St. Paul's Protestant Episcopal Church
233, Charles St., N., Baltimore, Baltimore City
The original design for St. Paul’s Church, indicated in Richard Upjohn’s perspective rendering of the façade, was a brick basilica, painted yellow, with a six-storied bell tower. The tower was only partially completed but the structure has nevertheless been called one of Upjohn’s best by Henry-Russell Hitchcock ("Early Victorian Architecture in Britain"). Structurally, the church is an eclectic juxtaposition of 12th-century Italian elements on the exterior and Romanesque elements on the interior. The façade is divided into flat sections broken by pilasters and the portico is supported by corbel arches. The basilica has round arches and barrel vaulting. Two bas-reliefs, executed by the Italian sculptor Capellano, depict Moses holding the tablets of the law and Christ breaking bread. They were originally part of the façade of the 1814 church, which burned. With their pedimental frame, they supply another neo-classical element. A stained glass window of the risen Christ over the entrance, a marble baptismal font, and the Bishop’s chair given to St. Paul’s in 1813 by George Grundy, were also rescued from the fire.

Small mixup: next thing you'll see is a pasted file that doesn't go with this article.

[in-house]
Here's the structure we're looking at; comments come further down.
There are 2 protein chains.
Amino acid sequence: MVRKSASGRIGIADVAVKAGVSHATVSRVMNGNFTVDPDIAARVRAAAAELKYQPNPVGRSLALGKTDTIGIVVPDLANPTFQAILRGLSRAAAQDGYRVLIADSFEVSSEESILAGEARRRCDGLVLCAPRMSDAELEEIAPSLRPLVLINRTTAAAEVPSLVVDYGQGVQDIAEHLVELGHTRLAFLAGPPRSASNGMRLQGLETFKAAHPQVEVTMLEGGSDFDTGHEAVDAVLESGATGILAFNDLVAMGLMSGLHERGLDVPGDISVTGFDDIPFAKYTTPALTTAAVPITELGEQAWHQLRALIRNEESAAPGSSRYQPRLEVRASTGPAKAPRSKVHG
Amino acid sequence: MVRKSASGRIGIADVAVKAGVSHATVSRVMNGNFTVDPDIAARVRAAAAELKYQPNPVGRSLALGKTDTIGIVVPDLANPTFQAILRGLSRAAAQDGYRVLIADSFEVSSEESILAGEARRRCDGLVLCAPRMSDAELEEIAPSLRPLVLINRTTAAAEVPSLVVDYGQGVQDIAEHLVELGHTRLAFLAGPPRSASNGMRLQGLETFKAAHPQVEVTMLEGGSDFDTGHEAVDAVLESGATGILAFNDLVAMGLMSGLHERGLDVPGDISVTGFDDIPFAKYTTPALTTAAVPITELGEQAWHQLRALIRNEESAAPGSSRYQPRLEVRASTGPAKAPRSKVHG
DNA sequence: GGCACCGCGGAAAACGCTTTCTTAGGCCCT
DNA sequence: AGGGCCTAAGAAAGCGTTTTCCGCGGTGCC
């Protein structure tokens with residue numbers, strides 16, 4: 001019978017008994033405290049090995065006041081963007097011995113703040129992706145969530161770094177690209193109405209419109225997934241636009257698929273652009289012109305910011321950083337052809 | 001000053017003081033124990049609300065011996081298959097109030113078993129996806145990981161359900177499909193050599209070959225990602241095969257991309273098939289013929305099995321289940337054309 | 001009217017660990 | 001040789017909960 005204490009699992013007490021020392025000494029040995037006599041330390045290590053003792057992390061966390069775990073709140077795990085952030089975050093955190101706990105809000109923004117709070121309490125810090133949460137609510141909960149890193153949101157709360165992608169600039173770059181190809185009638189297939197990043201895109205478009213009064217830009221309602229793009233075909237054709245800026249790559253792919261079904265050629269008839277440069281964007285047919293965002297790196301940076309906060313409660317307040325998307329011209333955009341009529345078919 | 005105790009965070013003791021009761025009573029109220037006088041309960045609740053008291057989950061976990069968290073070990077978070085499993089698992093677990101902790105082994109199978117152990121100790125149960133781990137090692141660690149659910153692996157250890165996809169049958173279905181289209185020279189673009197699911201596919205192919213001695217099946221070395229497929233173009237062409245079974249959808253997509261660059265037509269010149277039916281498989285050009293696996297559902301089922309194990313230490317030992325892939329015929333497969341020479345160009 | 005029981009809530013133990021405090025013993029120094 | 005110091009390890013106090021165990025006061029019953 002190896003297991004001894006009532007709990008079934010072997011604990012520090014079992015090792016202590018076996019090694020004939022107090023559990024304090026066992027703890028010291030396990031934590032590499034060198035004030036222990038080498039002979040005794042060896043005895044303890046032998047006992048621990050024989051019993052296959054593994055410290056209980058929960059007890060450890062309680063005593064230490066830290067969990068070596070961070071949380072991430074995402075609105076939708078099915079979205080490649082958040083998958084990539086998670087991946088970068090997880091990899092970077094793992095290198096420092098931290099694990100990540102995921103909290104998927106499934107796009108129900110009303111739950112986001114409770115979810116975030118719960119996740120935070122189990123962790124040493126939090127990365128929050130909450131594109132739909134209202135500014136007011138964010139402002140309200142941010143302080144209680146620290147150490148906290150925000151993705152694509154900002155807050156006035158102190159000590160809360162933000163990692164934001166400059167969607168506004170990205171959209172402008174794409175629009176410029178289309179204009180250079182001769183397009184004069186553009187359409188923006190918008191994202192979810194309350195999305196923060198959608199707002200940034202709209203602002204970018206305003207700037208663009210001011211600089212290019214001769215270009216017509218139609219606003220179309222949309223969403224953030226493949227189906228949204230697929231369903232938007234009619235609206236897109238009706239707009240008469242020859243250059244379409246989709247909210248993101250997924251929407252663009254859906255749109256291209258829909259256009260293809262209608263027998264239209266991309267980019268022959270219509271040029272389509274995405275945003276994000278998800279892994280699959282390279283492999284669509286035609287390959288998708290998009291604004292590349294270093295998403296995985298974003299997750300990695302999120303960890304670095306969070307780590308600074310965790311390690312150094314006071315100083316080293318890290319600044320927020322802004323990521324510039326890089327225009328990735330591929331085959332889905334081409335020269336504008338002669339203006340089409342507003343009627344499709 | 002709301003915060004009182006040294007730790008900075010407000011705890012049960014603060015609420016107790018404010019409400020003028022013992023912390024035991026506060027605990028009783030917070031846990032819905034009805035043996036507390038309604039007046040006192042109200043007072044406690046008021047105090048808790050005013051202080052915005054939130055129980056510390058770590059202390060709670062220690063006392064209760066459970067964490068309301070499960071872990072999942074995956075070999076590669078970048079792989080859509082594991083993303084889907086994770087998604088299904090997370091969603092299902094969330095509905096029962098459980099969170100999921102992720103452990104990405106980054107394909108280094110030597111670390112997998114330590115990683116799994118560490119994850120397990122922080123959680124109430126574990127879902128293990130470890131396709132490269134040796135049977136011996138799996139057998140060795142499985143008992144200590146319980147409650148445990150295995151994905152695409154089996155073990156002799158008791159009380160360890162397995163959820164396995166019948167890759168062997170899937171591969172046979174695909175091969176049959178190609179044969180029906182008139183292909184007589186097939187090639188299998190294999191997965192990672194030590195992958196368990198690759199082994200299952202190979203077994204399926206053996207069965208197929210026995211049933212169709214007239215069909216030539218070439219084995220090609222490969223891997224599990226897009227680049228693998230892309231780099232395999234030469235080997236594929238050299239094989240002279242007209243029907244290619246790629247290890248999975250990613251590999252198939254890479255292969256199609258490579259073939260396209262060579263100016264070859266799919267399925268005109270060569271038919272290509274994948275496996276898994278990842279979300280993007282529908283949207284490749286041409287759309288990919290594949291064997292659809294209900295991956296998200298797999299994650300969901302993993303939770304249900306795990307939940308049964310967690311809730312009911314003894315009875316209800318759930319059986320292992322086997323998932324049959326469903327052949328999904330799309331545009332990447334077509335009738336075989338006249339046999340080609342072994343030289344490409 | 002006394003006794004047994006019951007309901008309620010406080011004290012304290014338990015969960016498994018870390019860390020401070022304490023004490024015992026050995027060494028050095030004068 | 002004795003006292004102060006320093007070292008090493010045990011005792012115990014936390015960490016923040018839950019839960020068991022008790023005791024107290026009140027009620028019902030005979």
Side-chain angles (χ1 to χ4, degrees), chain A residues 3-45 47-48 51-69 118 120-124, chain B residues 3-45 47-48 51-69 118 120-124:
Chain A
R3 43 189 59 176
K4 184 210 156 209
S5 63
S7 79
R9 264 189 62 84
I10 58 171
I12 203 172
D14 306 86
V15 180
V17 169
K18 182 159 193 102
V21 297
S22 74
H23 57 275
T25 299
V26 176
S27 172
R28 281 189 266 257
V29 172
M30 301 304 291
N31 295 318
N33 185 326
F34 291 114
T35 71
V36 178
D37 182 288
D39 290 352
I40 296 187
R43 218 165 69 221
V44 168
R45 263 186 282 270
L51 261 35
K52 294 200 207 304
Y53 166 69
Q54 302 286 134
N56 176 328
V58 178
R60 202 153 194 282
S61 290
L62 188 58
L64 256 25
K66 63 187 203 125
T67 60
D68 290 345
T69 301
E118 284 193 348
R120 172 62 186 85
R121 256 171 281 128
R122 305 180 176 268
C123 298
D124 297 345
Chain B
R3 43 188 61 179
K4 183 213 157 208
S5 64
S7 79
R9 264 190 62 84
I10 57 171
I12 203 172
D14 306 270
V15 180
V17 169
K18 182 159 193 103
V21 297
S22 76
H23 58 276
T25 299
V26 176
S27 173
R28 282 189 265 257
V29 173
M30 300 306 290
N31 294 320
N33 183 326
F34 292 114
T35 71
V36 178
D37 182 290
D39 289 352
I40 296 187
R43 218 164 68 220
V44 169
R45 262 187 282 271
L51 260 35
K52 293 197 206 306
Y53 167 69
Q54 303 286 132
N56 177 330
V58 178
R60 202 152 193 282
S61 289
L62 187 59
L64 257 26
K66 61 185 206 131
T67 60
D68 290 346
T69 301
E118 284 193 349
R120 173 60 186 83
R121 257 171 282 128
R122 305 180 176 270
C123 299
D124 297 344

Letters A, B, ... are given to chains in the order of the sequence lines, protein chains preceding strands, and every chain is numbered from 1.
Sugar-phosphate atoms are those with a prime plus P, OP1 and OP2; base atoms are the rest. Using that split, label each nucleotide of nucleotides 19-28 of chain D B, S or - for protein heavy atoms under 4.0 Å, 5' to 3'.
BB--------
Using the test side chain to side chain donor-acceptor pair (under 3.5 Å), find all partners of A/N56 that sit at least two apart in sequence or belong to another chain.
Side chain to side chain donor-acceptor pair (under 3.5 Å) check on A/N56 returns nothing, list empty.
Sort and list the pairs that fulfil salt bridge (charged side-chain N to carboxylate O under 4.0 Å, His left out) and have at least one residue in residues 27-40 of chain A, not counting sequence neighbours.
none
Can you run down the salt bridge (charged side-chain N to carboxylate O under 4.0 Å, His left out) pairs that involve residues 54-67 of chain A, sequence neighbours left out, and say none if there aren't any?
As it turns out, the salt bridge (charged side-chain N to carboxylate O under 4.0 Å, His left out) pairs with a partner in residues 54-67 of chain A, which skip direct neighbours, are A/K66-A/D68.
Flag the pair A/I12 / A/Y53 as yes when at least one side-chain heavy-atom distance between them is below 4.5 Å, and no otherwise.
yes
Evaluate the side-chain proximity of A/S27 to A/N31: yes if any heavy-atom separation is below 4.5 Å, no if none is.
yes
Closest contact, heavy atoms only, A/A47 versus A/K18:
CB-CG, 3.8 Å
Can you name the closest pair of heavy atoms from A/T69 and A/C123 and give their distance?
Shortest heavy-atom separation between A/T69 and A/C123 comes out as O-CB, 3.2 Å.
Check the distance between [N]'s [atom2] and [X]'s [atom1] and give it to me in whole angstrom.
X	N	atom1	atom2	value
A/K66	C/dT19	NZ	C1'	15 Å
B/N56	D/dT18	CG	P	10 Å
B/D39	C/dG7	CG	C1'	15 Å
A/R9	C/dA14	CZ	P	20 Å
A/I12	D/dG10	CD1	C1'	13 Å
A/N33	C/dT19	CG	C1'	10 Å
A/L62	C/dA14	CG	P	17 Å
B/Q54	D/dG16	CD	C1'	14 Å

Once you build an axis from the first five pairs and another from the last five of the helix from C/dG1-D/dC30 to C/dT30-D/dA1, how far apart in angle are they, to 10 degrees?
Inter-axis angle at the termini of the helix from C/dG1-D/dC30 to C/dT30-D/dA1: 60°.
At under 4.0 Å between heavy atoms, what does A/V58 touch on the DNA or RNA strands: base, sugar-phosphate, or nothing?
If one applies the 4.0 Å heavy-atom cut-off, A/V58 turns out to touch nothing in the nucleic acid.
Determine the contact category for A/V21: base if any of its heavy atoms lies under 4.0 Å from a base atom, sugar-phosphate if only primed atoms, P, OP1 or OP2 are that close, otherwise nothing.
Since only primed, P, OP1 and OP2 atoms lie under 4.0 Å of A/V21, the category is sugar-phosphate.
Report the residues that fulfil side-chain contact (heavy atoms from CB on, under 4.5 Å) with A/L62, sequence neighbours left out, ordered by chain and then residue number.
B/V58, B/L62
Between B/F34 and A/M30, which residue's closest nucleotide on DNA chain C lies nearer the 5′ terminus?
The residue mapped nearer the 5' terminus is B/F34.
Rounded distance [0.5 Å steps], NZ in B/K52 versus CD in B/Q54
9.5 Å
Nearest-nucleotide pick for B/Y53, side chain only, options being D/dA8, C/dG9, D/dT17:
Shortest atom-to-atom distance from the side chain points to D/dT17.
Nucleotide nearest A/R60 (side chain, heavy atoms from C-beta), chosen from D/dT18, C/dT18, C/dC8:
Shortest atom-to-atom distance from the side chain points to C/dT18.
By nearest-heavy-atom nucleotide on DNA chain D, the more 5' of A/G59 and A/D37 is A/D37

St. Paul’s Church in Baltimore has both architectural and historical importance. Designed by Richard Upjohn, one of the chief imitators of the Gothic Revival in America, it is one of Baltimore’s most important landmarks. Its historical associations stem largely from the numerous important figures who were members of the parish, including Samuel Chase, John Eager Howard, and Thomas Johnson.